In the Bible, it tells you that if you add or remove a single letter, it makes a difference. In that case, I would say it’s similar to what you read in the Bible; even the tiniest dot makes a big difference. And it was key in the present case.

BN: This is where the Tel Dan Stele connects. Because there is a dot before the Bet, and then there’s a dot after the final dalet of David. You discovered basically the same syntax on the Mesha Stele.

What do your epigrapher colleagues think of your reading? Are they reticent to give their opinion, or have we reached a point of consensus where many agree the Mesha Stele says “house of David”?

ML: Well, I would say that, first, there aren’t that many scholars who are able to discuss those topics because it’s quite technical. There are not that many people who work on ancient Hebrew and Aramaic epigraphy. So there are not that many people I can talk to. But yes, most of them are convinced. I showed the pictures. Some of them wanted me to show them the rti imaging.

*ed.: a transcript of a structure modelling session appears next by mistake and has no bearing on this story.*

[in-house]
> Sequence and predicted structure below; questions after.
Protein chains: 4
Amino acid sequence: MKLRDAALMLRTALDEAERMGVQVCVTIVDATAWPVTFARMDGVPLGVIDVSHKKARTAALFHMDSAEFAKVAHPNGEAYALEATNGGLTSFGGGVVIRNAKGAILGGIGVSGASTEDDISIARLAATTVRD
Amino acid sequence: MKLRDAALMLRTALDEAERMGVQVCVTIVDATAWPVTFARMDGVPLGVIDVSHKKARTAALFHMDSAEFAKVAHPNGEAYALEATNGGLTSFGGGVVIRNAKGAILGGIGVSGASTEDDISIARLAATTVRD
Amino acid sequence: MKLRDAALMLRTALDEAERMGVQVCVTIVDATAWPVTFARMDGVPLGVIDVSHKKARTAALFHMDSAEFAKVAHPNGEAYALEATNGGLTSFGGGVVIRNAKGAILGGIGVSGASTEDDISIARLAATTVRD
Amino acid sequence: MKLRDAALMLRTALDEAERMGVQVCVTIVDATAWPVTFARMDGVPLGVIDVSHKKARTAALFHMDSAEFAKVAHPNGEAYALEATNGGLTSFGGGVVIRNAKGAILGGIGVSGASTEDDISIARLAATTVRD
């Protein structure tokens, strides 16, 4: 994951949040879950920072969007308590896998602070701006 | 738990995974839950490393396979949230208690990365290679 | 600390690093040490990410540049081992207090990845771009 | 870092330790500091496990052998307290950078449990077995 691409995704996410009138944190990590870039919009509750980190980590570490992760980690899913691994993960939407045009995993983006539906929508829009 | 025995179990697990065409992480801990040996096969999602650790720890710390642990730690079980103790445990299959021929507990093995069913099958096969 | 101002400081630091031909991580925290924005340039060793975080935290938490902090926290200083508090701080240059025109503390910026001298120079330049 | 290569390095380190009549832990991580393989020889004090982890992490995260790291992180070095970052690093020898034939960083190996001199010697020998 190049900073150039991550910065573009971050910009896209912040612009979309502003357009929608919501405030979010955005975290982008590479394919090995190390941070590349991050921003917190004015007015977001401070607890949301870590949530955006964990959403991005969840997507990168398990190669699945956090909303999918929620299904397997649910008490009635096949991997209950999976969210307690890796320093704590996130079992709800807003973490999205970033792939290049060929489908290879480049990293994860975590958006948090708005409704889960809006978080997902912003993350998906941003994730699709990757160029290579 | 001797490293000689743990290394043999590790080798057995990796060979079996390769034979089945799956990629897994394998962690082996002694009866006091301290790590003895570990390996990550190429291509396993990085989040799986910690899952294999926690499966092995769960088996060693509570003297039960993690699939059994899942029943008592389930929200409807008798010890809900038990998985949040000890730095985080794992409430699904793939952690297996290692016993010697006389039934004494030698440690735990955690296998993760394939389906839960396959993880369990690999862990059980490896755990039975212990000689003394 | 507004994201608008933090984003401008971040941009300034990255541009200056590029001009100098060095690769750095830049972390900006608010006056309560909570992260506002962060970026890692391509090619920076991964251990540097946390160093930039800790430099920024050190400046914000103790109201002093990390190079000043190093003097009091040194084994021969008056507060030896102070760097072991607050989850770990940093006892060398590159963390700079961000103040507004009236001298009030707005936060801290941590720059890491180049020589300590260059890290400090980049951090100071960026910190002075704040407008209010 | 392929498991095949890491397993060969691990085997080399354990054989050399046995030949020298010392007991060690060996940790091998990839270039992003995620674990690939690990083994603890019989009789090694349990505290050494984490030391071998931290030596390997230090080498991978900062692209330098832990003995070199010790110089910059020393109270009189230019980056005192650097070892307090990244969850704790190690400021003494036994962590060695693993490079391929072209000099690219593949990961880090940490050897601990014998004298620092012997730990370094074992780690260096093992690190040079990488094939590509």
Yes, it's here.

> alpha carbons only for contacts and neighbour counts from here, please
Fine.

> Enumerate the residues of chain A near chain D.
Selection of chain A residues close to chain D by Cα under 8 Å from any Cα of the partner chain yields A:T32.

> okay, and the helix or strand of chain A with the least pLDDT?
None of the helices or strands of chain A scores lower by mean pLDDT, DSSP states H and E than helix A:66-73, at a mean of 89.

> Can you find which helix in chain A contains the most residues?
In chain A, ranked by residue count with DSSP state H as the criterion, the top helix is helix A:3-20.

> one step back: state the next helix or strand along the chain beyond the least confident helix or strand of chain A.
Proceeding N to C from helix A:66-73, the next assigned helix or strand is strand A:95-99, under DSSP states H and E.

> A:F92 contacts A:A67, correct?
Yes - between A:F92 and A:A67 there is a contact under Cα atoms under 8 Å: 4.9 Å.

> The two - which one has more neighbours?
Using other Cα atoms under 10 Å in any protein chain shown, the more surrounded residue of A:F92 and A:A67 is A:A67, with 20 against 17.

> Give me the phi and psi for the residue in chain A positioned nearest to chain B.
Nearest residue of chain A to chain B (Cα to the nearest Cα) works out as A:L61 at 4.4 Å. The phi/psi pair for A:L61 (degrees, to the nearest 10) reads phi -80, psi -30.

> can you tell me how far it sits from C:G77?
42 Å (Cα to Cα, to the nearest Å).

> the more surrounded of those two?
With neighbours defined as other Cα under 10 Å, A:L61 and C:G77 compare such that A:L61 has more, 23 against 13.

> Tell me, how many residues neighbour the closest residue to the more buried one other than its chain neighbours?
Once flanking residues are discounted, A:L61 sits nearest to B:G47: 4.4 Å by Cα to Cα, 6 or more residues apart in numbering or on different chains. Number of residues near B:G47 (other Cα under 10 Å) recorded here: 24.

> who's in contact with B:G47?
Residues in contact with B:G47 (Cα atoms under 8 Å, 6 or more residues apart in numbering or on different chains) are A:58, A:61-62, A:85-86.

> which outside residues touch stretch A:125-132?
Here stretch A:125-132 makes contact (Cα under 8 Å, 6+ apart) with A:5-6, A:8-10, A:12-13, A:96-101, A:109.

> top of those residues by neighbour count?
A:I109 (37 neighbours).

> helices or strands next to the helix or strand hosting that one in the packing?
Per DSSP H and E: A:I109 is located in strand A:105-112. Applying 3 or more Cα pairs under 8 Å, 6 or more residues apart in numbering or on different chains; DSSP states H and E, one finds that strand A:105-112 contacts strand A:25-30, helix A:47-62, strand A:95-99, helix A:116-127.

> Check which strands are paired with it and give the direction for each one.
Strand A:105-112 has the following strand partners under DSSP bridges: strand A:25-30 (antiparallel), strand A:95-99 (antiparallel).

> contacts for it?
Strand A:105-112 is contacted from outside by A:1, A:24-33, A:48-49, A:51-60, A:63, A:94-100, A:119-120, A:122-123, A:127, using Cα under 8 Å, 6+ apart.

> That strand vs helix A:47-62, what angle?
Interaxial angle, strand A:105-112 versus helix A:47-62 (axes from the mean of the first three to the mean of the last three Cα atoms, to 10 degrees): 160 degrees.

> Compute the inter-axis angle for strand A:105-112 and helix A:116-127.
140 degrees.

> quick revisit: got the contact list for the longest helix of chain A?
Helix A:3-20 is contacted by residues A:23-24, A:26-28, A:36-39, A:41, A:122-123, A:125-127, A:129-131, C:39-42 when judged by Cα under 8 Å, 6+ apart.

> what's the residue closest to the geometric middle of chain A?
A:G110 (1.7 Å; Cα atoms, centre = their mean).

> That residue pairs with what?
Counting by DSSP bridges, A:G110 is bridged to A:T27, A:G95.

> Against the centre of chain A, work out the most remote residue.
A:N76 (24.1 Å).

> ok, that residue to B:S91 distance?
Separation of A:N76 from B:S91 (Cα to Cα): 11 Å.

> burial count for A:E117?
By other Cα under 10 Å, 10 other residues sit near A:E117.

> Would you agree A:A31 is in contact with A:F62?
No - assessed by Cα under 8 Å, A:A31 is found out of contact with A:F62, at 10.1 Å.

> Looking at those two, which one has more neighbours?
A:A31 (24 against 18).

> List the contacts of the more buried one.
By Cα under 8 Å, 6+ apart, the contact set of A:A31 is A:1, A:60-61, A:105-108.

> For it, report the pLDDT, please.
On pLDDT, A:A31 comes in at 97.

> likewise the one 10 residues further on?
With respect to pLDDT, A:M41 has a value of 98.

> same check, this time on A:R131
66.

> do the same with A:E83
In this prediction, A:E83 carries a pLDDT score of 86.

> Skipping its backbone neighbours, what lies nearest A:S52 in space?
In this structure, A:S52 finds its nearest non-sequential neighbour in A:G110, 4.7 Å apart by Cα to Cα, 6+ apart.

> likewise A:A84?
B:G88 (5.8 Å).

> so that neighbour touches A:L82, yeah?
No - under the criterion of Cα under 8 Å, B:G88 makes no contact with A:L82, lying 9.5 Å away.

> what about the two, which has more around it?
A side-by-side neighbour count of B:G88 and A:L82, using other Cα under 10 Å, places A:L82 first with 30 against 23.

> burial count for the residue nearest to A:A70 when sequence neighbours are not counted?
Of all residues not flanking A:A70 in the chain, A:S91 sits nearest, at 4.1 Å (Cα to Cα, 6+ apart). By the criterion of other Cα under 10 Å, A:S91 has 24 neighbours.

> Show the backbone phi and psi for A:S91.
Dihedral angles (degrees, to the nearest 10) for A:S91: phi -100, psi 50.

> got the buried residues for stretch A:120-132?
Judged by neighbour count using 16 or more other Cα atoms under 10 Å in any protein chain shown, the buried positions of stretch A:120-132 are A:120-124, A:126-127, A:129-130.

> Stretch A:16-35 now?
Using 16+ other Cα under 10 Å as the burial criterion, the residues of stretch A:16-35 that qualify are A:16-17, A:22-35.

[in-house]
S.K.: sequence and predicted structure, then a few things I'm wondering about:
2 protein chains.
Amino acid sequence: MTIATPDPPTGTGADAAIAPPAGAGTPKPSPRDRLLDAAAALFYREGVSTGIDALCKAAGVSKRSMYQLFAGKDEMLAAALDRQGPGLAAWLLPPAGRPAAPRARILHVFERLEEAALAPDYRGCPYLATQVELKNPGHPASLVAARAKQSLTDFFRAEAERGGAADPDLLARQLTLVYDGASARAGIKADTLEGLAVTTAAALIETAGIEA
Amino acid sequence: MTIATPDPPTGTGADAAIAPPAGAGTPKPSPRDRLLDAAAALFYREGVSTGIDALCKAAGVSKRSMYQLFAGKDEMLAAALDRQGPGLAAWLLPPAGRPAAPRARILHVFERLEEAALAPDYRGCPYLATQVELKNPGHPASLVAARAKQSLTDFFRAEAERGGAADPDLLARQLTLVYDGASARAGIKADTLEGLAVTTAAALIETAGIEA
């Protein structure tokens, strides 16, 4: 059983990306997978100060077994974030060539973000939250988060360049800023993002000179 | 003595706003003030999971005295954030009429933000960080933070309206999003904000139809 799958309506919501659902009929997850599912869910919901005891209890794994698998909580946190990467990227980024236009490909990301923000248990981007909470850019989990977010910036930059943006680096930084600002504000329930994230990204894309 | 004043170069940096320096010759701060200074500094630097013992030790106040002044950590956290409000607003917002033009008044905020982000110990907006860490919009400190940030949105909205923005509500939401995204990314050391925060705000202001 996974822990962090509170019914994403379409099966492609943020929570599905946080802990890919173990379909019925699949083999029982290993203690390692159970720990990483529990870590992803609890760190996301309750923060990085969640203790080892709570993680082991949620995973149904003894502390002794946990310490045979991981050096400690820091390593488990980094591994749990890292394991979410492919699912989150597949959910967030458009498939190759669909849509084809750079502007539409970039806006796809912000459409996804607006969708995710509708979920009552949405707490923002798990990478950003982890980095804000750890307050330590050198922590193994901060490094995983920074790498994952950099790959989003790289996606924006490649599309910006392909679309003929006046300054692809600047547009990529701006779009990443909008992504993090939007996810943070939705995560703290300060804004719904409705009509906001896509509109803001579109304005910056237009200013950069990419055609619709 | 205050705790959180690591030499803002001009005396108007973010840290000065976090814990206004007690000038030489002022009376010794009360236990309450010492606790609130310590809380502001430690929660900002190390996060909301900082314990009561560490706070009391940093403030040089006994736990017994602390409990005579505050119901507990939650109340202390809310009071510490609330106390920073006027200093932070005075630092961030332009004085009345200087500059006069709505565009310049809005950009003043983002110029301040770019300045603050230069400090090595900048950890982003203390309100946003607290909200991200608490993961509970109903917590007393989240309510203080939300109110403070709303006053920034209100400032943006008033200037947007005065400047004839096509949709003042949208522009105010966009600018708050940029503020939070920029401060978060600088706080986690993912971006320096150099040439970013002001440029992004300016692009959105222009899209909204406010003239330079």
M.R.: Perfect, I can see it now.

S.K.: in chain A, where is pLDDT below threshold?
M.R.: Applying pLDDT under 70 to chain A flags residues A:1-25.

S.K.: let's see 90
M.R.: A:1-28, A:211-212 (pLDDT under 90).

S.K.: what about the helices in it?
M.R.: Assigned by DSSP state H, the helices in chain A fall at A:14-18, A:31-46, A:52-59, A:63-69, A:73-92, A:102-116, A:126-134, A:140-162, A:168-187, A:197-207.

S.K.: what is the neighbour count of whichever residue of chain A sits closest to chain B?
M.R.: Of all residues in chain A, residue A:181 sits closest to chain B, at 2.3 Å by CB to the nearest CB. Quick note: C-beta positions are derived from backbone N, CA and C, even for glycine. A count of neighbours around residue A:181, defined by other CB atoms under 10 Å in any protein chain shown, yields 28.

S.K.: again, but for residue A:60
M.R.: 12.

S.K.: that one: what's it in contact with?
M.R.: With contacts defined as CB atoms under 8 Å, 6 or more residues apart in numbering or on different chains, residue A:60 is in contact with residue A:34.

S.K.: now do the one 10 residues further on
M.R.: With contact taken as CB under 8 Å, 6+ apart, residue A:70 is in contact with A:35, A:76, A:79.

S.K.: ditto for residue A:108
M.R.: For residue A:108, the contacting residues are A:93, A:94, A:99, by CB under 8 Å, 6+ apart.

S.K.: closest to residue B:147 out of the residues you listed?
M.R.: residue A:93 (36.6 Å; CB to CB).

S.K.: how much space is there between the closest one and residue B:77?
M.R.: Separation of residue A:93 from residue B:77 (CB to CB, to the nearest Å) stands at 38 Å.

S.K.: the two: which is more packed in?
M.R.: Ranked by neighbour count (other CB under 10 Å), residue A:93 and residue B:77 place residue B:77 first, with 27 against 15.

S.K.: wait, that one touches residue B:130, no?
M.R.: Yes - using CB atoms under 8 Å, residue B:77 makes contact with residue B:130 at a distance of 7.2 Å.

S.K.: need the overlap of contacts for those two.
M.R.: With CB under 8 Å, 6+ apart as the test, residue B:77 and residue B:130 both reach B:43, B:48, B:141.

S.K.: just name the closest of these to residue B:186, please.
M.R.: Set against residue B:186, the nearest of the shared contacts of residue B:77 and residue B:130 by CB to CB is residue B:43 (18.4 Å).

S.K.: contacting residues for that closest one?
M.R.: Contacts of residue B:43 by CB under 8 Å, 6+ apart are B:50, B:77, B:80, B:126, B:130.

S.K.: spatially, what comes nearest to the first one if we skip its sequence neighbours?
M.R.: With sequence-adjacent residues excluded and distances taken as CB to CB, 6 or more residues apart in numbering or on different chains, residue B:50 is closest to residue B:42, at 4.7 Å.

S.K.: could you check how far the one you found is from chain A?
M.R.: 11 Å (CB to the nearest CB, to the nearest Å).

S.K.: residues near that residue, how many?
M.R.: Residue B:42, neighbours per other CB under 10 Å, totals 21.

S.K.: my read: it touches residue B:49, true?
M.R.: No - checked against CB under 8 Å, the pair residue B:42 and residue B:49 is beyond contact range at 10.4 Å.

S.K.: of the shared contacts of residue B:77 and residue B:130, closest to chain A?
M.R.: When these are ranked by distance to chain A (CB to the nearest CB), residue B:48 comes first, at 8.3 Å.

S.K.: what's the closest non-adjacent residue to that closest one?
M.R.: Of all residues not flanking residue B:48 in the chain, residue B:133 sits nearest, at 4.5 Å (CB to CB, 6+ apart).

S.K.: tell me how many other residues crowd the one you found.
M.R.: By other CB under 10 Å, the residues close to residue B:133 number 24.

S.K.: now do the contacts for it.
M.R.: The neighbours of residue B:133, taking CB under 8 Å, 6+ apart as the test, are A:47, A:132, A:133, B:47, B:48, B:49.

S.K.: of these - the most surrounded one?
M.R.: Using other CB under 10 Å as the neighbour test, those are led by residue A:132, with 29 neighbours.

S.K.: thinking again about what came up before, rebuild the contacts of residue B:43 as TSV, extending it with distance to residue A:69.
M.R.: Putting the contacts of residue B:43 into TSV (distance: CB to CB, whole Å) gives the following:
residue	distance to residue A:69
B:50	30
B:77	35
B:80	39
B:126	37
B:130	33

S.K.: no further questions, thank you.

Again, I didn’t think it was such a strong [remarkable] discovery, since we have the Tel Dan inscription, which is very clear. So I don’t think my contribution is that big because, for me, it was already clear that we have the “house of David” on the Tel Dan inscription. But of course, the fact that it’s mentioned a second time, at the same time period, is very interesting.